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rfaulkner99

Tampa, FL

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Posted: 07/19/20 07:54pm Link  |  Quote  |  Print  |  Notify Moderator

Can someone with a Hughes Autoformer
tell me if it is normal to measure around 10 ohms of resistance between the hot and neutral prongs of the plug? I was expecting infinite resistance, so hoping to see if this is normal or not.

Initially I thought it was the plug, because there was some corrosion and melting on on the hot terminal, but I cut off the plug and the bare wire measures the same.

Thanks

CA Traveler

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Posted: 07/19/20 08:18pm Link  |  Quote  |  Print  |  Notify Moderator

That implies a 12A draw. What is the actual amp draw?


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Posted: 07/19/20 08:29pm Link  |  Quote  |  Print  |  Notify Moderator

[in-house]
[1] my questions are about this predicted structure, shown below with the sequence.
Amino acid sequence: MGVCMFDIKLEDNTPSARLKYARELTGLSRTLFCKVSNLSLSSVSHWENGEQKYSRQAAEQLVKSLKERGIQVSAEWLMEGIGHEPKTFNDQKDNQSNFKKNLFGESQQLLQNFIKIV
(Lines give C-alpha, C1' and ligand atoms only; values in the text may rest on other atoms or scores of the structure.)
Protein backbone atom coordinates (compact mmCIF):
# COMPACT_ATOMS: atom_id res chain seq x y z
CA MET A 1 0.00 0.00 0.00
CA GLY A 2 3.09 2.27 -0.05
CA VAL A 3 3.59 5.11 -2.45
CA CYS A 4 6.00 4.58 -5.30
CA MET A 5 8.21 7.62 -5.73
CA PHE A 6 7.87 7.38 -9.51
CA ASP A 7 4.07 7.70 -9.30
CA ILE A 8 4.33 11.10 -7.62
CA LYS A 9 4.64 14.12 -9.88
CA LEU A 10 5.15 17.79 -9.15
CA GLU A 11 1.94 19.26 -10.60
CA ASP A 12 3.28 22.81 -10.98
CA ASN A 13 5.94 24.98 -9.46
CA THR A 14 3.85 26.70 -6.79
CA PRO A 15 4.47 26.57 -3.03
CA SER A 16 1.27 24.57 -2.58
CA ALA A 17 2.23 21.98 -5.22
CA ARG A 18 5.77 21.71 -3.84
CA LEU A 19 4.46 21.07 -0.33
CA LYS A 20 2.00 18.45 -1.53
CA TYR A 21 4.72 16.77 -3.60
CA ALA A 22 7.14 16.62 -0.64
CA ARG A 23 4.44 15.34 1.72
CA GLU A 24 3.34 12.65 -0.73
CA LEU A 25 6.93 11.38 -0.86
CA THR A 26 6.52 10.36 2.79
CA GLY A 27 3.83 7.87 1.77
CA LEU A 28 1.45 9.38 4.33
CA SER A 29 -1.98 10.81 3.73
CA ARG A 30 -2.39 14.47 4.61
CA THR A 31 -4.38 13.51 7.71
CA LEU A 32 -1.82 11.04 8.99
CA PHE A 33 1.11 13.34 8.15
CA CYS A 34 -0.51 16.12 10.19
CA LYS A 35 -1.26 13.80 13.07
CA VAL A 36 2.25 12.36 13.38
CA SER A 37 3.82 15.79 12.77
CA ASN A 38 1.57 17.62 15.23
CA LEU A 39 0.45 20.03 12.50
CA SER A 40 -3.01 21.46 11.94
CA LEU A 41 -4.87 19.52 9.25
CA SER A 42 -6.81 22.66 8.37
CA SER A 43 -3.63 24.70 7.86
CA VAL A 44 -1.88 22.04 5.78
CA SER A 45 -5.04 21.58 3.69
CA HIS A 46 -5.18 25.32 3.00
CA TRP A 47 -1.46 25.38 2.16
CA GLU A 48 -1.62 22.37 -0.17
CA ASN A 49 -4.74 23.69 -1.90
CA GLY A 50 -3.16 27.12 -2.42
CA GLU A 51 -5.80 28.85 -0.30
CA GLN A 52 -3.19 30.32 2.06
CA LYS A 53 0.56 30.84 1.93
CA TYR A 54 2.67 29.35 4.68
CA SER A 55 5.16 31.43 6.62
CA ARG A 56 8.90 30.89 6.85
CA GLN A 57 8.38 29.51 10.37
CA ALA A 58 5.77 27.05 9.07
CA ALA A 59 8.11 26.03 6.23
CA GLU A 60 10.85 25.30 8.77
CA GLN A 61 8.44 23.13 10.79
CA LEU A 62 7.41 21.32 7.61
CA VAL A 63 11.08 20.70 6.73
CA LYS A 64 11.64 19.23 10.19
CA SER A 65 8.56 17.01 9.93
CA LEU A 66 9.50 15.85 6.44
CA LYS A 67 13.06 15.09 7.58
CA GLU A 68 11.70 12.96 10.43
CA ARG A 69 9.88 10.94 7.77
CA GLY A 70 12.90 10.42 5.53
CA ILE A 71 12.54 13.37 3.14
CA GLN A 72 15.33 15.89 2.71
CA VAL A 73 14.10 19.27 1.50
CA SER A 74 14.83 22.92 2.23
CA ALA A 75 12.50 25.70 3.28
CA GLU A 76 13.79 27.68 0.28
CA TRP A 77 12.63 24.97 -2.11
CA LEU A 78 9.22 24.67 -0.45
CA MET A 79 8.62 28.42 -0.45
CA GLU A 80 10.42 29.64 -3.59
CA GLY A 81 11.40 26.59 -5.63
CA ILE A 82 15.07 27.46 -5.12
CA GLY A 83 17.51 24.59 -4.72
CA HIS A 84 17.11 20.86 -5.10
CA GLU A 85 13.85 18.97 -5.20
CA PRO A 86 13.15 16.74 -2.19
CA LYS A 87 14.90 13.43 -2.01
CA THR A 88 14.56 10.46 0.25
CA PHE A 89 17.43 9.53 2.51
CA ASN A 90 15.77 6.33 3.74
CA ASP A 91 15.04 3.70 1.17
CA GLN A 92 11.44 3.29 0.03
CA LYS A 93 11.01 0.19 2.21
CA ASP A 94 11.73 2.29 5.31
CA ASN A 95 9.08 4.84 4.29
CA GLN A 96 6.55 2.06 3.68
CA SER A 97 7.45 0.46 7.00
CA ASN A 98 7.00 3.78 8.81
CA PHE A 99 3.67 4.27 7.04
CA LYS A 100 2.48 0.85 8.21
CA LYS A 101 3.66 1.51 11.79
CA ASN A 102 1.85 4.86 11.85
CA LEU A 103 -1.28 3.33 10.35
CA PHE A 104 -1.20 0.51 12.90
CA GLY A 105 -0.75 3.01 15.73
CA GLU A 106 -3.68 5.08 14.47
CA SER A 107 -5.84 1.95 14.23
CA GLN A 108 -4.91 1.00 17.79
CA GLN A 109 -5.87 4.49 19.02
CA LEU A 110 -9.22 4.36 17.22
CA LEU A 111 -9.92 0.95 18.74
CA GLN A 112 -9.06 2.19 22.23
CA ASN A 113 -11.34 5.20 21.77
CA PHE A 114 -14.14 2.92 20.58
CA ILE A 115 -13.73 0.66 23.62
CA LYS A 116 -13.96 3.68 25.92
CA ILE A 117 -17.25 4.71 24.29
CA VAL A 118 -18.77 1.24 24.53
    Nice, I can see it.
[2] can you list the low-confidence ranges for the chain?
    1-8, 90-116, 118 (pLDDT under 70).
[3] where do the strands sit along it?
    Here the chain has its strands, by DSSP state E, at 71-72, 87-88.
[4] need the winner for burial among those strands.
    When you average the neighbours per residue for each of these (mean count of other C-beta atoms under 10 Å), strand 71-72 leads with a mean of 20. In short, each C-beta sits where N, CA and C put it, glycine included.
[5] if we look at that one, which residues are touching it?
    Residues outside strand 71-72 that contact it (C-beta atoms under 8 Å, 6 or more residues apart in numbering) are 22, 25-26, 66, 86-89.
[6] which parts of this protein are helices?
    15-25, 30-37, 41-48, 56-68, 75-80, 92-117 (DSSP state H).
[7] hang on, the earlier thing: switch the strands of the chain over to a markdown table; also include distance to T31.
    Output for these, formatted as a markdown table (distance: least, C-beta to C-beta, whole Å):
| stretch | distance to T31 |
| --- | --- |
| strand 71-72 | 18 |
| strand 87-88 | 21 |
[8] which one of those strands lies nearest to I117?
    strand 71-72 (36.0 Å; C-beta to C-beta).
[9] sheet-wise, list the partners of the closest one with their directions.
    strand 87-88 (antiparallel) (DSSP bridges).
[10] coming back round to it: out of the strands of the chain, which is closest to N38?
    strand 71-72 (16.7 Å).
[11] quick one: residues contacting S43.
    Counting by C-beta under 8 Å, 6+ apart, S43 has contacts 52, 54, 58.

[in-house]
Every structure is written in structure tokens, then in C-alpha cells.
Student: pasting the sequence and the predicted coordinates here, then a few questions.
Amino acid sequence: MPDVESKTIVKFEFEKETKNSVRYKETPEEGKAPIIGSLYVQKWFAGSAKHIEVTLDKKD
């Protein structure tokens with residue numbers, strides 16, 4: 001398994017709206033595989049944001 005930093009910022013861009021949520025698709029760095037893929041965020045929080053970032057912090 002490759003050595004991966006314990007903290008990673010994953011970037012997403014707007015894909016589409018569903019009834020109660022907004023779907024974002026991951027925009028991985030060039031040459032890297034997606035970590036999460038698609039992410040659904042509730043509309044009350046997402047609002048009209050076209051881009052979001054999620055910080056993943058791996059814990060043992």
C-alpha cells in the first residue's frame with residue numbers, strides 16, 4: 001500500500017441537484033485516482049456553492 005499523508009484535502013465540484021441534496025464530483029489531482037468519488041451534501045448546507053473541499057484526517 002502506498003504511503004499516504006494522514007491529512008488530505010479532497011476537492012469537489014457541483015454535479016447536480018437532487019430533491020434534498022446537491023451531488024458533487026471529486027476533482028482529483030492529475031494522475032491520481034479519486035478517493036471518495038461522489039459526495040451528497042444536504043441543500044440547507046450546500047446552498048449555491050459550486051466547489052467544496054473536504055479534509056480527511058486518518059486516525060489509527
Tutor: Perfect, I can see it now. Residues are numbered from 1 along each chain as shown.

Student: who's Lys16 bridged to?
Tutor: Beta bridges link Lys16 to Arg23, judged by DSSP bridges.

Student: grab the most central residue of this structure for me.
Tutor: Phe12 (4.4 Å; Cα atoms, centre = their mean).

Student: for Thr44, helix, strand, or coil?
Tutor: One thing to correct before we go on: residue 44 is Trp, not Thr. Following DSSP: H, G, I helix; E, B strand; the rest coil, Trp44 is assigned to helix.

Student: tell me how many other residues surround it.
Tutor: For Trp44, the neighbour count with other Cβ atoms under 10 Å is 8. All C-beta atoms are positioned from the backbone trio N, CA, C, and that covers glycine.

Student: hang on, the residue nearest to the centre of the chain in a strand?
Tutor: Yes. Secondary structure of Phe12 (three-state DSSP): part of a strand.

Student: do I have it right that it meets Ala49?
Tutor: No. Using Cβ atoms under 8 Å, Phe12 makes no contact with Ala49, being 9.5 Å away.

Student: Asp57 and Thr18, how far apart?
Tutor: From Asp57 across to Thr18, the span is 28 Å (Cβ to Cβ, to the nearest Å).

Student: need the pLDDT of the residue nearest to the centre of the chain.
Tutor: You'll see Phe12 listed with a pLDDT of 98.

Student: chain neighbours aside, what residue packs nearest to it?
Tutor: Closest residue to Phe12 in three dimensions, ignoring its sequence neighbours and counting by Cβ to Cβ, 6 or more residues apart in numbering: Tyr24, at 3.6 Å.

A DC resistance of 10 ohms sounds rather believable. Offhand I would expect a lower resistance, based on a rather simple understanding of how it may be set up, but I don't have any specific values or very detailed design info to be be very certain. The DC resistance of transformer coils is by design quite low since any resistance there simply results in inefficiency and heating. The primary (and also the secondary, or at least a portion of it, since it's the same winding in an autotransformer) would presumably be connected more or less directly to the plug.

Signs of excessive heat at the plug prong is due to a poor connection right in that area, either where the wire attached to it, or between the prong and the spring fingers in the socket it was plugged into, or between the wire and the socket. Replacing the plug is a very good idea if you find it in that condition.





RCMAN46

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Posted: 07/19/20 09:06pm Link  |  Quote  |  Print  |  Notify Moderator

How long has it been since the plug you had heating problems was disconnected.

If a plug is left for a long time corrosion will build up and cause a high resistance connection.